Step 7)
The commission or embassy informs CIES of its final selection. All candidates are informed of their status. At this point the project moves into grants administration and the confirmed Specialist receives his or her grant information from CIES to prepare for the project.


Funding for Specialist projects is shared between the U.S. Department of State and host institutions. 

The host institution covers the cost of grantee housing, meals, and any necessary, program-related, in-country transportation. In-country costs may be supplied by the host institution as in-kind services and/or monies paid directly to the grantee. Note that in-country transportation refers to transportation once the Specialist has arrived in the city of the activity, and not to flights taken as part of the international travel.

CIES administers the U.S. Department of State (Bureau of Educational and Cultural Affairs) funds for the grantee’s international travel costs, to be paid prior to departure, and provides a daily stipend of $200, to be paid upon return and completion of an online final report and travel expense report. The grant payment of $200 is paid for every day of the grant period, including weekends and travel days.

Special Initiatives

The Specialist Program seeks projects that focus on or incorporate the training and sharing of information or that involve the production and use of Open Educational Resources (OER).

OER are teaching, learning, and research resources that reside in the public domain or have been released under an intellectual property license permitting their free use or re-purposing by others e.g. full courses, course materials, modules, textbooks, streaming videos, tests, software, and any other tools, materials, or techniques used to support access to knowledge.

Helpful Tips

Interested institutions should contact their local Fulbright agency (a Fulbright commission or U.S. embassy public affairs section) for information before submitting Specialist Project Requests.
Since each Fulbright agency has particular review timelines, promotes various in-country initiatives, and is interested in particular aspects of project requests, potential host institutions should inquire with a Fulbright agency contact to ensure that their project request is strong and addresses all aspects of what the Fulbright agency in their country is looking for in Specialist projects.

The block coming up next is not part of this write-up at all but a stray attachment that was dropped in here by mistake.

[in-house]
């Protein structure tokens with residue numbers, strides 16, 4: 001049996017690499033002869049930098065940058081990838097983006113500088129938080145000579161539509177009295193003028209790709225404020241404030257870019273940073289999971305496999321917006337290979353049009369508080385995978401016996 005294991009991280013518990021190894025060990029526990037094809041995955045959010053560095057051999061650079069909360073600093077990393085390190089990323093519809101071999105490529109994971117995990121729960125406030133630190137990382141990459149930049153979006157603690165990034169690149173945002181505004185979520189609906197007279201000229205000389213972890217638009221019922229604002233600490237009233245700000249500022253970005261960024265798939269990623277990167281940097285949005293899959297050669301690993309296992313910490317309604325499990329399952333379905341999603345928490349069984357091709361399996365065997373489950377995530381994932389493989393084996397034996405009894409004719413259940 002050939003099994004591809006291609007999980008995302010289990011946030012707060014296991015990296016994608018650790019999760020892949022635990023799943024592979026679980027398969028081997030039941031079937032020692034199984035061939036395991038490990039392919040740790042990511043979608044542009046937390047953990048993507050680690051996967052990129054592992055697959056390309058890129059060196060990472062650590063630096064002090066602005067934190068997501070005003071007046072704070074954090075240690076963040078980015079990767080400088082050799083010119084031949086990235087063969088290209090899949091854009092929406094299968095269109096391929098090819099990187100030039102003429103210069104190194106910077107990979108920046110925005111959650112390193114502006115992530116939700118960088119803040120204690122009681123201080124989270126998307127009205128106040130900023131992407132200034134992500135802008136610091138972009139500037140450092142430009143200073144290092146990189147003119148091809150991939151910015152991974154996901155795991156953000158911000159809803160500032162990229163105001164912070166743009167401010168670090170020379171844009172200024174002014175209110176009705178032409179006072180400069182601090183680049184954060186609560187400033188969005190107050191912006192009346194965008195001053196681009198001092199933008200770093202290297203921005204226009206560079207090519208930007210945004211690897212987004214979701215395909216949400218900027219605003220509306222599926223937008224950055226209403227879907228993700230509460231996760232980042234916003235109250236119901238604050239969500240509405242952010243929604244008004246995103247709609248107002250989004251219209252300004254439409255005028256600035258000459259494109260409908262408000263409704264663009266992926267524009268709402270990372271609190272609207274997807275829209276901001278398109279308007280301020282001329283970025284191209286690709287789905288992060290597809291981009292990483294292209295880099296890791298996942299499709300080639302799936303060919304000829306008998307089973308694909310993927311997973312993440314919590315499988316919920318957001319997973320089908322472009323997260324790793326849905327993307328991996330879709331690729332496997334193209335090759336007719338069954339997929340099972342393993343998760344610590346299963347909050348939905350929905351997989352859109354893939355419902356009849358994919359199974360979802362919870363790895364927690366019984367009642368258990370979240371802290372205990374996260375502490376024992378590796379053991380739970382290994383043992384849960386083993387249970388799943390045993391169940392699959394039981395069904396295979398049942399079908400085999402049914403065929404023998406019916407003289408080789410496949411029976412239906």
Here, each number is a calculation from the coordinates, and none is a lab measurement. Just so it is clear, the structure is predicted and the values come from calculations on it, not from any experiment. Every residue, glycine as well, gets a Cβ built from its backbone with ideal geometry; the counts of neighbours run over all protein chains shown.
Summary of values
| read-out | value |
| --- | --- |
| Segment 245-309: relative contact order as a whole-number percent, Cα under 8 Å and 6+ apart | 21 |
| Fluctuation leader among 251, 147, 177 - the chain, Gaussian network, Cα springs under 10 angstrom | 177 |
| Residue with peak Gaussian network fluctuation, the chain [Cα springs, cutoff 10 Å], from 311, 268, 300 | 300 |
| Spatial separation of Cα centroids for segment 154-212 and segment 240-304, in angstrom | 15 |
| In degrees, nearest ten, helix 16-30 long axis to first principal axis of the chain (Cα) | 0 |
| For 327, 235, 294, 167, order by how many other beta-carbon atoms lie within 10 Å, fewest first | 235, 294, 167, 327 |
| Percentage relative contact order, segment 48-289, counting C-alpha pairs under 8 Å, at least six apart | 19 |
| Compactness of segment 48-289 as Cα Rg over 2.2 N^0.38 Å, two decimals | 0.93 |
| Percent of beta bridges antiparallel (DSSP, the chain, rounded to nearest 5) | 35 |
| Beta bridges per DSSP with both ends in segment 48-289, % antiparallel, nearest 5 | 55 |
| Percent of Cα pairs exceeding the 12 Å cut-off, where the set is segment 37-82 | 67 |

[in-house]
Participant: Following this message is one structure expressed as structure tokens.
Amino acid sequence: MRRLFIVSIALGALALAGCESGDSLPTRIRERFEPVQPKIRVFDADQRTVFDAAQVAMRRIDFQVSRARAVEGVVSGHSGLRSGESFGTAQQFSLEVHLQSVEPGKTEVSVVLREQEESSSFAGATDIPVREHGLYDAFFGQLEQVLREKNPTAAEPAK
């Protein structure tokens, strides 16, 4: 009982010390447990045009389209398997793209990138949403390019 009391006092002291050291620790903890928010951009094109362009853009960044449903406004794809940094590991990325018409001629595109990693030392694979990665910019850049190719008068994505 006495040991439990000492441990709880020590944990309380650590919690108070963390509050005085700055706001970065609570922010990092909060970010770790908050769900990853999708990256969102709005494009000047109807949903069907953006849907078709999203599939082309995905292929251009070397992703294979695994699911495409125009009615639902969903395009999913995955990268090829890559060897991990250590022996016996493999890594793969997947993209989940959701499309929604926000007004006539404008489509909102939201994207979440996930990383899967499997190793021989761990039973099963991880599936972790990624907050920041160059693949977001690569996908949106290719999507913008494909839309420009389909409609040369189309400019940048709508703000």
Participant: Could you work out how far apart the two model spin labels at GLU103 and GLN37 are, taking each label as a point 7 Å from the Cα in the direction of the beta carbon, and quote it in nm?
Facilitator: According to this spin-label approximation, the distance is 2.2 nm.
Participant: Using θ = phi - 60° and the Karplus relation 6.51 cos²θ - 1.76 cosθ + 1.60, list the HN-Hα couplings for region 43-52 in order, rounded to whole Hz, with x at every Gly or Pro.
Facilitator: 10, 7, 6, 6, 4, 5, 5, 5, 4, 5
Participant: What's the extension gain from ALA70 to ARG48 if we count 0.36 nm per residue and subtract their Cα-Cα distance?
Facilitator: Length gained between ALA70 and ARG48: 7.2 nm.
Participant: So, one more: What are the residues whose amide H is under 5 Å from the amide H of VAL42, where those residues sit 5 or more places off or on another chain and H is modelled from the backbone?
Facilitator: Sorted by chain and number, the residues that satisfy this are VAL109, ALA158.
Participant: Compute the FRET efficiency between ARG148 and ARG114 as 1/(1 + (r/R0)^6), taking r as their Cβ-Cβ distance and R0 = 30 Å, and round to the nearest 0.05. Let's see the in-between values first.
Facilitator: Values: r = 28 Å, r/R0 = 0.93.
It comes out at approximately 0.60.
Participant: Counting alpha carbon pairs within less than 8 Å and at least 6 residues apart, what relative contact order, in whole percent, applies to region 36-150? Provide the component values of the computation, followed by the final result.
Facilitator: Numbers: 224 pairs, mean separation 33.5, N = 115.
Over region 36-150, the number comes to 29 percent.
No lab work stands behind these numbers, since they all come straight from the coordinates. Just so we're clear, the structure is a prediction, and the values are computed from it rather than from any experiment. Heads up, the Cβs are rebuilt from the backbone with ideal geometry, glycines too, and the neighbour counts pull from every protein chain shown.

All Fulbright Specialist projects must be driven by the needs of the host institution and goals of the Fulbright commissions and public affairs offices of U.S. embassies, rather than the desires of the grantee.
Although Roster candidates can initiate the project development process by contacting colleagues at a potential host institution, projects must focus on the institutional needs of the host institution and may not focus on grantee research or study. Each Fulbright commission or U.S. embassy determines the best process for approving project requests. It is up to the host institution to investigate how the particular Fulbright agency receives, processes, and approves Specialist project requests.

Institutions should ensure that sufficient time is given for project approval
Fulbright commissions or U.S. embassies require at least a three-month lead time for project approval.  Other timelines and submission deadlines differ by country.

Below is a general checklist of aspects the institution should note when completing a project request form, proposing a potential project opportunity for a preferred Specialist.

The host institution:

  • Is a non-U.S., post-secondary academic institution or an education-focused organization.
  • Has documented its willingness to provide housing or a housing allowance for the Specialist for the specific dates of the project.
  • Has documented its willingness to provide meals or a per diem allowance for the Specialist for the duration of the project.
  • Has documented its willingness to pay for and arrange all in-country grant-related travel for the duration of the project.
  • Has documented its willingness to arrange for the Specialist’s arrival and pickup from the airport. 

The proposed project:

  • Has a grant length of 14 to 42 days, including estimated round trip travel days to the host institution, weekends, and public holidays.
  • Entails that the Specialist’s role will adhere to those listed in the ‘Sample Fulbright Specialist Activities’ section of the Specialist website.
  • Clearly matches the expertise of a Named Request’s discipline and specializations as indicated on his/her curriculum vitae for this program.

The proposed specialist (if it is a Named Request):

  • Has successfully applied for and been accepted onto the Fulbright Specialist Roster.
  • Is currently residing in the United States and will return to the United States upon completion of the grant.
  • Is eligible to receive a Specialist grant for the proposed start date, (according to current J. William Fulbright Foreign Scholarship Board policies).

Please contact the appropriate Fulbright commission or U.S. embassy public affairs section for more information on the program in your country.